As I write this, the stock market has triggered a trading halt due to the poor opening trades on Monday. This doesn’t happen often, but the idea is to stop the mass-selling that is, in my opinion, often induced by computer trading programs and not by people hitting the “sell button.”
At any rate, the market is trying to re-price stocks based on new information. Obviously, the new coronavirus worry is causing analysts to re-compute targets. There is the reality that some companies may have reduced labor due to sickness (or preventing sickness), so fewer products can be produced and sold, which will slow down the economy. So, there may be a real impact to corporate earnings and global growth.
In my opinion, the market was overbought, as I mentioned in December and January emails. A pullback was likely, regardless of the cause. In this case, the virus did it, and I do think that the recent uncertainty over oil prices, the Democratic primaries, and North Korea missile testing piled on. Hopefully, you took my advice from February’s email and considered how you would react to a market pullback. I know many of you did, as I received calls and emails about revising allocations and creating/updating financial plans.
As we stand today (March 9, 2020), my indicators have gone from overbought to quite oversold. Just as stock prices do not immediately come down when they are overbought, they also don’t immediately come back up when they are oversold. We have not been taking big steps to get into the market recently, although we have done some dollar-cost-averaging and portfolio rebalancing.
I have heard some people say that they cannot recall a time like this in the market, but we’ve had several, including the 4th quarter of 2018 most recently. In that period, the S&P 500 was down nearly 14%, and was down 19% at its worst. For perspective, the S&P 500 is down about 13% in the first quarter of 2020. In early 2016, the S&P 500 was down almost 8% in a little over a week! These corrections, while not fun, really are pretty ordinary, and are they price you pay for trying to get high returns.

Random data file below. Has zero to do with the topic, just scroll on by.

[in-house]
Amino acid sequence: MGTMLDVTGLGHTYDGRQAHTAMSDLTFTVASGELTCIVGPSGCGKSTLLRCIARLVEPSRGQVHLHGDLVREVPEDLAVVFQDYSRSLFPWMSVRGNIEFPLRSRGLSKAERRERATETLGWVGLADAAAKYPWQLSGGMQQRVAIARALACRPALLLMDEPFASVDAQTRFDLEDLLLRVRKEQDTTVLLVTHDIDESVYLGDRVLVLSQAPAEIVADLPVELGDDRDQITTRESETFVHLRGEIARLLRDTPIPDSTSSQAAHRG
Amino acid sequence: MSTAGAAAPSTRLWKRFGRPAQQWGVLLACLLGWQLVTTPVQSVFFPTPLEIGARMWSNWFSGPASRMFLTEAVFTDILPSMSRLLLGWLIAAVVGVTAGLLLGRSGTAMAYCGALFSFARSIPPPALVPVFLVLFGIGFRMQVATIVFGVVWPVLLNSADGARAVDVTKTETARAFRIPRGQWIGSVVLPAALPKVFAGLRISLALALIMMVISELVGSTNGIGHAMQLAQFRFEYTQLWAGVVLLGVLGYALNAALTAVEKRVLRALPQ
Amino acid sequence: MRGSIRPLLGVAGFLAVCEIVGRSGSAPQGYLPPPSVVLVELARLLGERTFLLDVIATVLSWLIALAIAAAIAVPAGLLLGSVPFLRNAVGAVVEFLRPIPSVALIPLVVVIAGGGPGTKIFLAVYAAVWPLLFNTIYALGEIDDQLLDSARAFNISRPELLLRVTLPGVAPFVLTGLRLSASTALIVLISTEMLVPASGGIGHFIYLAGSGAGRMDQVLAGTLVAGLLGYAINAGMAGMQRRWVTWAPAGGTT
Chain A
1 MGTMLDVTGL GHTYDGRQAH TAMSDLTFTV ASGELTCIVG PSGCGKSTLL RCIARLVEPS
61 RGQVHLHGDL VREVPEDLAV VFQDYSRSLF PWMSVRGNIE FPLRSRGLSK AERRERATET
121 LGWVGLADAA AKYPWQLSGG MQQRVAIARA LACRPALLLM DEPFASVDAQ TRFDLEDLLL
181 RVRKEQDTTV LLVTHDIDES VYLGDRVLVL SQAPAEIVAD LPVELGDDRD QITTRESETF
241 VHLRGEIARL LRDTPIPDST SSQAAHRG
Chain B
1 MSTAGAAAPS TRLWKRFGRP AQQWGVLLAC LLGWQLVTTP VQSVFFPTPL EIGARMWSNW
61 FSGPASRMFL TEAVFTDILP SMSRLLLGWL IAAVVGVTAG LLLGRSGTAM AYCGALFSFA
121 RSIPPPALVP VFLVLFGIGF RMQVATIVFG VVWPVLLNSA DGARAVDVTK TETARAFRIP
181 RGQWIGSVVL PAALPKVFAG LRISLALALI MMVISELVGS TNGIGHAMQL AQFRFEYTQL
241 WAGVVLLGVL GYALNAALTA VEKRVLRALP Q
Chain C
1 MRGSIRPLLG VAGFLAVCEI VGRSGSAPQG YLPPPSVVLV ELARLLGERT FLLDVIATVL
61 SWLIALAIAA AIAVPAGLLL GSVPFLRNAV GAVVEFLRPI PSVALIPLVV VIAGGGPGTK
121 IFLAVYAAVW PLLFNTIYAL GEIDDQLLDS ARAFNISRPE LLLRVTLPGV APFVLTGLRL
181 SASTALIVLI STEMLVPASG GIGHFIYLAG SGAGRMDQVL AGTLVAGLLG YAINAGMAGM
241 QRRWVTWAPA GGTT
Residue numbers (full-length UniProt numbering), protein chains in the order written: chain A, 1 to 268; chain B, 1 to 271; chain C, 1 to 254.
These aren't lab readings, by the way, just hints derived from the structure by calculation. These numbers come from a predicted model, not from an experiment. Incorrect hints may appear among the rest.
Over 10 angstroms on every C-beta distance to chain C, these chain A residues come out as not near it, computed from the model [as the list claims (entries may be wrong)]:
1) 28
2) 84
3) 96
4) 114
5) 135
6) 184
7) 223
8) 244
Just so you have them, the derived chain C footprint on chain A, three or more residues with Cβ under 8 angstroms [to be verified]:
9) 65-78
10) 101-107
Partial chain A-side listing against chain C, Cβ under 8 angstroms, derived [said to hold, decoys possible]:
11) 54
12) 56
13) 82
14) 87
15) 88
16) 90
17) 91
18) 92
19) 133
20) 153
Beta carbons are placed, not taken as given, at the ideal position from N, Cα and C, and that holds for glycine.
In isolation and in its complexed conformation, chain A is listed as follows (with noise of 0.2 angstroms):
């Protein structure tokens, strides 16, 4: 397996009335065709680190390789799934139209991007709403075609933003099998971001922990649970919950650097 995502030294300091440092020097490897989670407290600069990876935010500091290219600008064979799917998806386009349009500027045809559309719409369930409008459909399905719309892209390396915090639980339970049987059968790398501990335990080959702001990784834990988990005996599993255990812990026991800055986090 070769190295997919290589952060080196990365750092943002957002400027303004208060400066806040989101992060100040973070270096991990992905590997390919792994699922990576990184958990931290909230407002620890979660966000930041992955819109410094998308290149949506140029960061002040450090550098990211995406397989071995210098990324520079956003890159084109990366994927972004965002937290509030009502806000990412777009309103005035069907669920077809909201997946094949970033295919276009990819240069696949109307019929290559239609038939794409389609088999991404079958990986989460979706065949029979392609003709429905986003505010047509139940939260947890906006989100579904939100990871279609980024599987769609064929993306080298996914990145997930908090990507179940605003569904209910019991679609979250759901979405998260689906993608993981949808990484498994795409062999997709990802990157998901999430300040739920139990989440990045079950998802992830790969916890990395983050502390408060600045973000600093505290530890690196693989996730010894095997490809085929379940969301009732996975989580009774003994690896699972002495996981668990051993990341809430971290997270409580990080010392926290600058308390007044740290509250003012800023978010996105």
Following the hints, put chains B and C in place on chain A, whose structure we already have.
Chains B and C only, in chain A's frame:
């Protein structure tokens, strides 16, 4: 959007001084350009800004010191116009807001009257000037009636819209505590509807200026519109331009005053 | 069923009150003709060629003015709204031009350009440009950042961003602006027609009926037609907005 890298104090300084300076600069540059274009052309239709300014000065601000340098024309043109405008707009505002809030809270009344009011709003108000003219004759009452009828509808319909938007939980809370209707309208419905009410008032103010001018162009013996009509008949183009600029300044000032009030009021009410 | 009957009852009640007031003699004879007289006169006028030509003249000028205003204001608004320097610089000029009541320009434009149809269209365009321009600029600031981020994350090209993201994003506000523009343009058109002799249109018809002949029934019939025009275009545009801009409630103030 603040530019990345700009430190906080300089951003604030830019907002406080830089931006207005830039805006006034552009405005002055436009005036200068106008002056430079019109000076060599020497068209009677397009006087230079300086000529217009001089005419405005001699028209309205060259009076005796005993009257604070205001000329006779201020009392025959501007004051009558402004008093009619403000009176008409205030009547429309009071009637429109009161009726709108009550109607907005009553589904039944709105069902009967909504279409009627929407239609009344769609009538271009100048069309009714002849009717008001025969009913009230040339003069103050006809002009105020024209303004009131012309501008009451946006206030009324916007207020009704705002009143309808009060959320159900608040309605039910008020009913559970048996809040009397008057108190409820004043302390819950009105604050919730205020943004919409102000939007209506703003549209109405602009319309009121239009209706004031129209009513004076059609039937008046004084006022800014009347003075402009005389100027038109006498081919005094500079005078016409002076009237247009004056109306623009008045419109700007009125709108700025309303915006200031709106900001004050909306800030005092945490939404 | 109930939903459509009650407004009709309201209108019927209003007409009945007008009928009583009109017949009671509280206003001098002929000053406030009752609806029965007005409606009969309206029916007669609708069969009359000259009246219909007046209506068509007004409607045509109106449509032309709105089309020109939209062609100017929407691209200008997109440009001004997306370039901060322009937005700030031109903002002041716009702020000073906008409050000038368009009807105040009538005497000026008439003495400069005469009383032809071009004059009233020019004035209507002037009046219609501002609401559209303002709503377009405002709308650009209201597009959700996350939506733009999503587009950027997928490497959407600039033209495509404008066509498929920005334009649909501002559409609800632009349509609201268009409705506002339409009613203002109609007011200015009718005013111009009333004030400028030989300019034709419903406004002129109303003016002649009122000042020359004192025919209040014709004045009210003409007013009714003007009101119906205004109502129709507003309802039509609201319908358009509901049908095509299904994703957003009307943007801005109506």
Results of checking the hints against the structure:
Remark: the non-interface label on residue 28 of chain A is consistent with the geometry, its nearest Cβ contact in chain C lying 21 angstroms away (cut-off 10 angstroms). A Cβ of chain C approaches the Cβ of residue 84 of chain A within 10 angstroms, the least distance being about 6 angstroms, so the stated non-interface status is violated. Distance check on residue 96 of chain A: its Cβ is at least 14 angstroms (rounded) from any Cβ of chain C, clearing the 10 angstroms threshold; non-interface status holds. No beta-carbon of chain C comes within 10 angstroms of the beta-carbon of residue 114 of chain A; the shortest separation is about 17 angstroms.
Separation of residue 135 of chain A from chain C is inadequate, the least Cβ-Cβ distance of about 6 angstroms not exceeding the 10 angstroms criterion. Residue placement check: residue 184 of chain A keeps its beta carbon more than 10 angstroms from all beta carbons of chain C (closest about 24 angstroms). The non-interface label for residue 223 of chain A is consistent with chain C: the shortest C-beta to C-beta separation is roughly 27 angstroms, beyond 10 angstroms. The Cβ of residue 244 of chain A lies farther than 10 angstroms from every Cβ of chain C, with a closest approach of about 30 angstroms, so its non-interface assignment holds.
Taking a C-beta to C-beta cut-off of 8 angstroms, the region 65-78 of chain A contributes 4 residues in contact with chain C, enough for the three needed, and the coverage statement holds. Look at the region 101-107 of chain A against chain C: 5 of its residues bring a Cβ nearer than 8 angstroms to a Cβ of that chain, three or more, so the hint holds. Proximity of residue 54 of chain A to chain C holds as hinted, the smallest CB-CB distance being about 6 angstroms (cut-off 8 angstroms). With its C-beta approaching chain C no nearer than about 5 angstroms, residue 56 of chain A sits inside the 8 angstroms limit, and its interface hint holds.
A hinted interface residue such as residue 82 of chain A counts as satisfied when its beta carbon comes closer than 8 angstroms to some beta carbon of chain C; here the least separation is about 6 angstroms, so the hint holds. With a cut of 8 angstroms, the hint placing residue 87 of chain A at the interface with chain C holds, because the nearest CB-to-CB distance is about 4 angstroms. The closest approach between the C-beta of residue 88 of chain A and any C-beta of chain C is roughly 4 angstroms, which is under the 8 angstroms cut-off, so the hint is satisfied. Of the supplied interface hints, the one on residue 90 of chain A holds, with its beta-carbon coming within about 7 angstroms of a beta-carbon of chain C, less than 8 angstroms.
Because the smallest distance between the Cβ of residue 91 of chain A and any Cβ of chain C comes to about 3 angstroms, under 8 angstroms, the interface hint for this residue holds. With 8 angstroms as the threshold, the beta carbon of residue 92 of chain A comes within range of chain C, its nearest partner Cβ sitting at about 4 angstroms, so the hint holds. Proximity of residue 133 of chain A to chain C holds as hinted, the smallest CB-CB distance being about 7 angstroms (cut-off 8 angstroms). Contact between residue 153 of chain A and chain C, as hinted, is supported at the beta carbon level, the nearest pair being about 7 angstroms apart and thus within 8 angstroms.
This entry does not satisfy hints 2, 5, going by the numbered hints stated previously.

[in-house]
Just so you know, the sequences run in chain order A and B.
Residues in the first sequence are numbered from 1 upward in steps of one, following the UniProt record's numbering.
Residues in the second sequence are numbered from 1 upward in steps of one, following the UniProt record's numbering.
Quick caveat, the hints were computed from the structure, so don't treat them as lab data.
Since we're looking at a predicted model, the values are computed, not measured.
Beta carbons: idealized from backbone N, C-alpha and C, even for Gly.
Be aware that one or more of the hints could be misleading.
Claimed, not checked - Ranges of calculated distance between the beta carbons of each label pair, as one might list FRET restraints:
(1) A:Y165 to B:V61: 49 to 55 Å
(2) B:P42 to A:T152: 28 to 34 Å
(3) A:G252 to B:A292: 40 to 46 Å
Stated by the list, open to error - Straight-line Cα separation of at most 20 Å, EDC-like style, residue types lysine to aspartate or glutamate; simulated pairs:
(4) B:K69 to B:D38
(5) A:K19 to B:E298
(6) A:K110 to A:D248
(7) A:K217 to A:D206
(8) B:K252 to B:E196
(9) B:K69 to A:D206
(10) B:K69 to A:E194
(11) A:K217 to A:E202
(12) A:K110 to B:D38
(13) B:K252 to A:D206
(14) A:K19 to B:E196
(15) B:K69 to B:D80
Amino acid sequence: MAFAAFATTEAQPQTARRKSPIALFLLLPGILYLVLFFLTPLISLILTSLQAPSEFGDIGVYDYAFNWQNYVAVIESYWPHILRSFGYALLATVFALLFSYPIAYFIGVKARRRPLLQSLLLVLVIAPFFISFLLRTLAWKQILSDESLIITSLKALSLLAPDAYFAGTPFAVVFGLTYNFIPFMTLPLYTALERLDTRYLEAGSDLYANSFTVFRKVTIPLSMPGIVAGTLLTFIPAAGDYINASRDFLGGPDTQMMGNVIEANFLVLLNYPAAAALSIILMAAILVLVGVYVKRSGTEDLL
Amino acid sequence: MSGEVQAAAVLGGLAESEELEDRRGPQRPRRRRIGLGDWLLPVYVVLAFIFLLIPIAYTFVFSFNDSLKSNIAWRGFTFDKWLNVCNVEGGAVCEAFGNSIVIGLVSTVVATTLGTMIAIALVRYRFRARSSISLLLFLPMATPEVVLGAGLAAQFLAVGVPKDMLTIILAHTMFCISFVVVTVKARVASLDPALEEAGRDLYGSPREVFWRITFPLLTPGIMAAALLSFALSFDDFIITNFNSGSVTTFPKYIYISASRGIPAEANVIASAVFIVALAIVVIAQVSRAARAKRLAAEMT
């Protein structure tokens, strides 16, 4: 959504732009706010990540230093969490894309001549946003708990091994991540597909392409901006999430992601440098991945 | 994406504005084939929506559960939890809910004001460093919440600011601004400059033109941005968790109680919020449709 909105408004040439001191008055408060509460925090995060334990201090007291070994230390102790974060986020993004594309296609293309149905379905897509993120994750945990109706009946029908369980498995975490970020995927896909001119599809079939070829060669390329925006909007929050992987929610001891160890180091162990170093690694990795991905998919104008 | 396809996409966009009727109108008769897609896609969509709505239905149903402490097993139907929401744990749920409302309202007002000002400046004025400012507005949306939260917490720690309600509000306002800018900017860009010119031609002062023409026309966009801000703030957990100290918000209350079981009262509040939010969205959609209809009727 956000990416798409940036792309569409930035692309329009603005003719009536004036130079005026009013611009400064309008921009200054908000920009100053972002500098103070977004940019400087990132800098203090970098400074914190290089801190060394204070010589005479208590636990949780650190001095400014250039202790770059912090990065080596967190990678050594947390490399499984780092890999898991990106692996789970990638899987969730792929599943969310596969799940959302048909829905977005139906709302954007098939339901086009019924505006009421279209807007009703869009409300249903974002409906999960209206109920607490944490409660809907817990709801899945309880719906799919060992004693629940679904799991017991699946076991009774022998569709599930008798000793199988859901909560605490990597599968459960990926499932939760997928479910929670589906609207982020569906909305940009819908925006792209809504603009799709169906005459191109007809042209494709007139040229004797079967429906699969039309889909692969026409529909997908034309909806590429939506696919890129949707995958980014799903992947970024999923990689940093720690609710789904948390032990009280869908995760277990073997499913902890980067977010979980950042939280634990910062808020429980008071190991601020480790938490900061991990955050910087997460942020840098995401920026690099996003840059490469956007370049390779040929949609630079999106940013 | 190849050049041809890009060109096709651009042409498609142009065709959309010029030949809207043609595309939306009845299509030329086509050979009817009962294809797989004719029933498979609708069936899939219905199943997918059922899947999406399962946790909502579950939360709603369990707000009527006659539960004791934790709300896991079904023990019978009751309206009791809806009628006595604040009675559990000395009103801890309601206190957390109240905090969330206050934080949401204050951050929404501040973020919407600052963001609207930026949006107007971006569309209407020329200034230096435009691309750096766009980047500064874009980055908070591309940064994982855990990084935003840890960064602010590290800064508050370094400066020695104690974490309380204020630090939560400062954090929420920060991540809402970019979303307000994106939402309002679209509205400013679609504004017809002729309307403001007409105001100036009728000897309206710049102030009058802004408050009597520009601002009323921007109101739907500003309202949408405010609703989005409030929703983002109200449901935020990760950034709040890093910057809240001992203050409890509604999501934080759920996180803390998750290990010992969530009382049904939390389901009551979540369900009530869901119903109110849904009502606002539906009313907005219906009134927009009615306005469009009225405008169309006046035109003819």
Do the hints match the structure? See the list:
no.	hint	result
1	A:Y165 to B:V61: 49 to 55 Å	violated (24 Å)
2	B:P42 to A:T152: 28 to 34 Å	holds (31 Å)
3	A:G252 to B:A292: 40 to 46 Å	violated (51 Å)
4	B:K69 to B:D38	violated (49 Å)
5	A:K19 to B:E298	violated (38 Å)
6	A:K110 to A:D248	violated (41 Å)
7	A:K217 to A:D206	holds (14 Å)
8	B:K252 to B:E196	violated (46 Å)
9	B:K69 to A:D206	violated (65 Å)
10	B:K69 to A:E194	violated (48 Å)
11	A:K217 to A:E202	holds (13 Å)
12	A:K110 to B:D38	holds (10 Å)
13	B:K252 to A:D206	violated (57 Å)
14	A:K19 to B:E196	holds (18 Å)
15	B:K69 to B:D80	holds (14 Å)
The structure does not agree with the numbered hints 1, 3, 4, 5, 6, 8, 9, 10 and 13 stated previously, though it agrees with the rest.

There will be adjustments to my model, for sure, but right now, investor sentiment is very washed out. Even assuming more downward adjustments to earnings and growth predictions, stocks still look underpriced. Low-interest rates make stocks look even more attractive, by comparison. Cheap oil prices will lessen the impact of fuel costs for individuals and companies, allowing more money to go back into other products and services. The Federal Reserve is being very accommodative, and the US Dollar has weakened a bit, which should make our exports more affordable to foreign purchasers. So, once the current fear trade is off, there is potential for higher prices. In the short-term, though, fear and greed dominate the action, while in the long-run, stock prices seem to follow corporate earnings.
When price conditions stabilize, we’ll move back into stocks in a more meaningful way. Until then, though, please consider how you are doing with the ups-and-downs. For many of our clients, they understand that it’s just a part of investing in stocks. Over time, the best way to get above-average returns is to take above-average risk. But if you are uncomfortable (losing sleep) over the market, then we need to revisit your allocation to make sure that you are invested properly. If you can handle the ups-and-downs, I think there will be a great opportunity to buy stocks at prices we haven’t seen for the past year or so.
As always, these opinions are mine, and may or may not be the same as those of Raymond James. This is not a solicitation to invest, although we do invite you to review your portfolio with us to see if any changes should be made.